Undersecretary of the Foreign Ministry Ertuğrul Apakan and his deputy Ünal Çeviköz headed the Turkish delegation during the first round, which took place in May, and the second round in July, the TDN has learned. Both rounds were carried out in Bern, Switzerland, which is considered an impartial country that has hosted similar secretive talks on issues like Cyprus and Iran. […]Echoing editorial in Aravot daily today, I would say that shift in Turkey related policy was the most remarkable achievement of Armenia’s incumbent president Serj Sargsyan’s first 100 days in the office. Other than that (plus some positive but so far mainly talk and occasional firing level “corruption fight” agenda), these were disappointing 100 days of missed opportunities.
The timeline of the secretive negotiations, coinciding with some recent positive statements by Sargsyan, stands out, however, as a strong sign for improving the conditions in the run up to substantial solutions. The Armenian president has proposed a fresh start with Turkey with the goal of normalizing relations and opening the border between the two countries, which has been closed for almost 15 years. In his article published July 6 in The Wall Street Journal's online edition, Sargsyan said he expected to “announce a new symbolic start in the two countries' relations” with his Turkish counterpart Abdullah Gül whom he invited to Armenia to watch a football game between the countries' national teams this September.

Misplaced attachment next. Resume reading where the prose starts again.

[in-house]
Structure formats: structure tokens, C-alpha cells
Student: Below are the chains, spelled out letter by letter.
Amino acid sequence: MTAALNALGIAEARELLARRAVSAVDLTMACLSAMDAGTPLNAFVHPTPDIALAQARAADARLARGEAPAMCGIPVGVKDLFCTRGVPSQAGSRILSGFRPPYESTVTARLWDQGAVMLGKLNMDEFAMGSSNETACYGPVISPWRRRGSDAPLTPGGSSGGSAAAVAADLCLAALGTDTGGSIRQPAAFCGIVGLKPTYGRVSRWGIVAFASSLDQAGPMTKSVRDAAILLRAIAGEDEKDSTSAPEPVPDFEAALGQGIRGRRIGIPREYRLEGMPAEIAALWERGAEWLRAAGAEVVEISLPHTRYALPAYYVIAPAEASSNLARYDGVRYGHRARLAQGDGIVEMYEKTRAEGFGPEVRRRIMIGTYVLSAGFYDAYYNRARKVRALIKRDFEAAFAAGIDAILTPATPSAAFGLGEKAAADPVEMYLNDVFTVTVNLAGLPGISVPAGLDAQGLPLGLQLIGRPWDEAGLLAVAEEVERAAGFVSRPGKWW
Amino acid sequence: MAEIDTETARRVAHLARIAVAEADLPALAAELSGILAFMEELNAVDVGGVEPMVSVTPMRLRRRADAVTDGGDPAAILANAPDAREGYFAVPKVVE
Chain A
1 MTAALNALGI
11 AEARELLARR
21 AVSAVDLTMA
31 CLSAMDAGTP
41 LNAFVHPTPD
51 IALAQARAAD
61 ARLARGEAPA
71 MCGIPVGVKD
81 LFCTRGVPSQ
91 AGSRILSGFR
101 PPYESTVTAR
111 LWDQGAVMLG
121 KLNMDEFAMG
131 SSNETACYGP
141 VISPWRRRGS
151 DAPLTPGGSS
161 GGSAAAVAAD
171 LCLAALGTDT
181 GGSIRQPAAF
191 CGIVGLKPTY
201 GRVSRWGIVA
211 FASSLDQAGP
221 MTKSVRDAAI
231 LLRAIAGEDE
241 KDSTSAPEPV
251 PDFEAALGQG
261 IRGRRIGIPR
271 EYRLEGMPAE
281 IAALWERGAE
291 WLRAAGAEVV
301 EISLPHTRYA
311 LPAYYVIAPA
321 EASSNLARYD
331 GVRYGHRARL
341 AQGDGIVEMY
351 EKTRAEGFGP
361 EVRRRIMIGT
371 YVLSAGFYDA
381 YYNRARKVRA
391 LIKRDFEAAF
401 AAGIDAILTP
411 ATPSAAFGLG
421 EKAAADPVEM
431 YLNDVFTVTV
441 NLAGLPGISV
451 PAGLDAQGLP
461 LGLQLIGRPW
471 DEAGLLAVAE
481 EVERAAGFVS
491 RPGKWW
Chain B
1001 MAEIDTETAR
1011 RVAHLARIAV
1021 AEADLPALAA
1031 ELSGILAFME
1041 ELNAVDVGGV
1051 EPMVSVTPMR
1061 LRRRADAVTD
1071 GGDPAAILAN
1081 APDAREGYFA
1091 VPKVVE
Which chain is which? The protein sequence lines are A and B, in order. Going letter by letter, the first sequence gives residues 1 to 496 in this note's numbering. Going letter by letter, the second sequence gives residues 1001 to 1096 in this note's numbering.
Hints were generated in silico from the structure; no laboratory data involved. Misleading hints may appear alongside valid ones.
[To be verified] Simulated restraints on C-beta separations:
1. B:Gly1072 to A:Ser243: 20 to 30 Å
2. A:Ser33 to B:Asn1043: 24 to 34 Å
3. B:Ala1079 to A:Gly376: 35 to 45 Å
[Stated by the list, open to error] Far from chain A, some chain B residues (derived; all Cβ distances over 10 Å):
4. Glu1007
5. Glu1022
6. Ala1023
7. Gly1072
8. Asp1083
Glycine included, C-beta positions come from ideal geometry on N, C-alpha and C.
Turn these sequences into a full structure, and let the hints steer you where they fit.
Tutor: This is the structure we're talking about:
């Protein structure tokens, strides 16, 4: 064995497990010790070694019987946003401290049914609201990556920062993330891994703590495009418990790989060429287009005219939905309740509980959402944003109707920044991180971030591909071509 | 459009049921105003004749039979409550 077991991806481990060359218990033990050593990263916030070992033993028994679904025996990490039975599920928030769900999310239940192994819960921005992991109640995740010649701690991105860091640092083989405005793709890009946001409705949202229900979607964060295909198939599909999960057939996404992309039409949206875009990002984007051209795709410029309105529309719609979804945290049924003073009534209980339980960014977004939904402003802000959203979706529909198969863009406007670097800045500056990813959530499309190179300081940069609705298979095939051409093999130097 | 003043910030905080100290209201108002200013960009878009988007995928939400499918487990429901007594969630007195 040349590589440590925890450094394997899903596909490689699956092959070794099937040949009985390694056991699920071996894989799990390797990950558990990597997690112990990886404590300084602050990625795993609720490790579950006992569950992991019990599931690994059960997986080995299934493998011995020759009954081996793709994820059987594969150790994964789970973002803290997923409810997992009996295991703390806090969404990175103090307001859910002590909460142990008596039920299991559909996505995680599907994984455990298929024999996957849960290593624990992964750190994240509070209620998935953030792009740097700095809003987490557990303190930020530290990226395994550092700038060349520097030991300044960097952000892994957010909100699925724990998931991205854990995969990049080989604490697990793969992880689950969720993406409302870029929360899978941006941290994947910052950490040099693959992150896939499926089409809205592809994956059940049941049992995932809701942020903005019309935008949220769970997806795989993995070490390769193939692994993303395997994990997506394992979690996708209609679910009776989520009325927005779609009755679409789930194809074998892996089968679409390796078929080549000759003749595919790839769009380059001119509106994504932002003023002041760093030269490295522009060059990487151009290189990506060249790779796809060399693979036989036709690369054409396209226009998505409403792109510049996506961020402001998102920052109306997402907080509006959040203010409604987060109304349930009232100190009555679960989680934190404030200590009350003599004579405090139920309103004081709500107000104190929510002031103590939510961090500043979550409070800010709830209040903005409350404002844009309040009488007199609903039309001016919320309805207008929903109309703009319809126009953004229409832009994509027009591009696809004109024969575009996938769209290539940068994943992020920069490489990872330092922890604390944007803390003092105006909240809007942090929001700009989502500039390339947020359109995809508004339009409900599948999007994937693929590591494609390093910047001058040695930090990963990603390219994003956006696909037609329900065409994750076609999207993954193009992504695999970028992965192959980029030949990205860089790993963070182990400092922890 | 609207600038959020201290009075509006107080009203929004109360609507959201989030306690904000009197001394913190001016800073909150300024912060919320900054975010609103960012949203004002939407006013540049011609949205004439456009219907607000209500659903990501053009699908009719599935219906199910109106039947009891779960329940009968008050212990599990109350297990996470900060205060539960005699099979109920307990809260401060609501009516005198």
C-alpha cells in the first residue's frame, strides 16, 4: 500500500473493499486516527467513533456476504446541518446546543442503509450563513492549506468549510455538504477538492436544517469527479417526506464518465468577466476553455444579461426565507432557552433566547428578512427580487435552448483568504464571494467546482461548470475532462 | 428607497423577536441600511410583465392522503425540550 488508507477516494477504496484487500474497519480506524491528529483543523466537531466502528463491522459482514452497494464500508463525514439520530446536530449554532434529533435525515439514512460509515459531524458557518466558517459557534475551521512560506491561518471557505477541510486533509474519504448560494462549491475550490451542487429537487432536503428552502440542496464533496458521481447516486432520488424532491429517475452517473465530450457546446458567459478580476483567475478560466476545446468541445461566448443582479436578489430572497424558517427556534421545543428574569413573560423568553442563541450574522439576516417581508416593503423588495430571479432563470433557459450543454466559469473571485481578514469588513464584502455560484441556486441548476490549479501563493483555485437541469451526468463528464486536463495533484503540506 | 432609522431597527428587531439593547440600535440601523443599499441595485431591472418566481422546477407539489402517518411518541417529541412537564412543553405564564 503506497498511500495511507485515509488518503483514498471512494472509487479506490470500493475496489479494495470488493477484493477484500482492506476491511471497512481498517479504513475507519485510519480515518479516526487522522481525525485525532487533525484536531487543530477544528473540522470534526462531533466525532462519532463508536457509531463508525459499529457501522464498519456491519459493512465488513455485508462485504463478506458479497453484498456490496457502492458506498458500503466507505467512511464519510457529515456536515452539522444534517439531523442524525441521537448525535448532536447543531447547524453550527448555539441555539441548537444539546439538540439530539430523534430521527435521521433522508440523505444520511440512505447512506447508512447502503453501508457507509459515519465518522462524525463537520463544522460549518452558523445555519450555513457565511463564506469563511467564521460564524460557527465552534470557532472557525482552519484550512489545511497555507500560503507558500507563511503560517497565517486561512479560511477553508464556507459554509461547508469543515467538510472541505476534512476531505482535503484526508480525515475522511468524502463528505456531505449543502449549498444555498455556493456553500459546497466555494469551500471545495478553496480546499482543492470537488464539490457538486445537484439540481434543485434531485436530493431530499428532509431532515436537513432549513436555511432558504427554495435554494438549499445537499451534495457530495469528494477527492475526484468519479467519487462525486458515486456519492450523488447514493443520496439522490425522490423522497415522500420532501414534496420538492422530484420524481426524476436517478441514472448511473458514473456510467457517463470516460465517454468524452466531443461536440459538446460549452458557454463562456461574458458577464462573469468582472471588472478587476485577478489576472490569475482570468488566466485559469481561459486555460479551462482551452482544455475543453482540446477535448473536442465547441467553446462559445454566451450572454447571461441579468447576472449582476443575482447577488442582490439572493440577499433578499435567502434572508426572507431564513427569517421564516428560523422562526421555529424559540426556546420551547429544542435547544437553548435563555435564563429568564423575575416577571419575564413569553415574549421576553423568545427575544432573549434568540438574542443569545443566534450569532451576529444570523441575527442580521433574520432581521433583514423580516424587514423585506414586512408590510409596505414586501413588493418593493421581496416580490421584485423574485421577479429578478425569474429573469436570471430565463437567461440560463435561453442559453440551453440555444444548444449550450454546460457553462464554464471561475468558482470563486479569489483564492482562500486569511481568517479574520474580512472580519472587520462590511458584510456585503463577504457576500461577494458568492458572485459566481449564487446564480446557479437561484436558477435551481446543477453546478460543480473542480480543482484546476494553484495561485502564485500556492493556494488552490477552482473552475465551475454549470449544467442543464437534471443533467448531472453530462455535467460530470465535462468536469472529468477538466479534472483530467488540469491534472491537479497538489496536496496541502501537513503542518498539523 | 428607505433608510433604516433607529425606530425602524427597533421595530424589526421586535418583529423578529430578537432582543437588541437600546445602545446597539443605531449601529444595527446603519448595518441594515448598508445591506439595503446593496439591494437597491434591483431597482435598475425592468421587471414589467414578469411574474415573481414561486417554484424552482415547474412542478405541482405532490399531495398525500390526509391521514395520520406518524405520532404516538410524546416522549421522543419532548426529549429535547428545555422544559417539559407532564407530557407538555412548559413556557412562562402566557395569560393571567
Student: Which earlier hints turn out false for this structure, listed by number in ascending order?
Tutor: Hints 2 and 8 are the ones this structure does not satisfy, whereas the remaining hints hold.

Diplomatic sources said setting up different committees to discuss different aspects of bilateral ties is a mutually considered option for a fresh start. “There are other vital questions to be discussed primarily, before the events of 1915,” noted the same sources. A previous offer of Prime Minister Recep Tayyip Erdoğan to establish a committee of historians to study events of 1915 was rejected by former Armenian President Robert Kocharyan. This time a more comprehensive approach is reportedly being considered.
He had chance (still has, I suppose) to distance himself – as much as possible – from a previous administration. Yes, he is part of it, but still… he is kind of trying but in a very subtle manner, too subtle, I would say. We still have political prisoners, there is no independent investigation into 1 March events, no high level officials brought to the justice… All in all, no real attempt at healing 1 March wounds…
For now, only immediate release of all political prisoners will create an essential basis for a dialogue with the opposition to move Armenia forward. (his election campaign motto) Otherwise, the weather forecast for autumn and winter ahead promises to be pretty severe, indeed.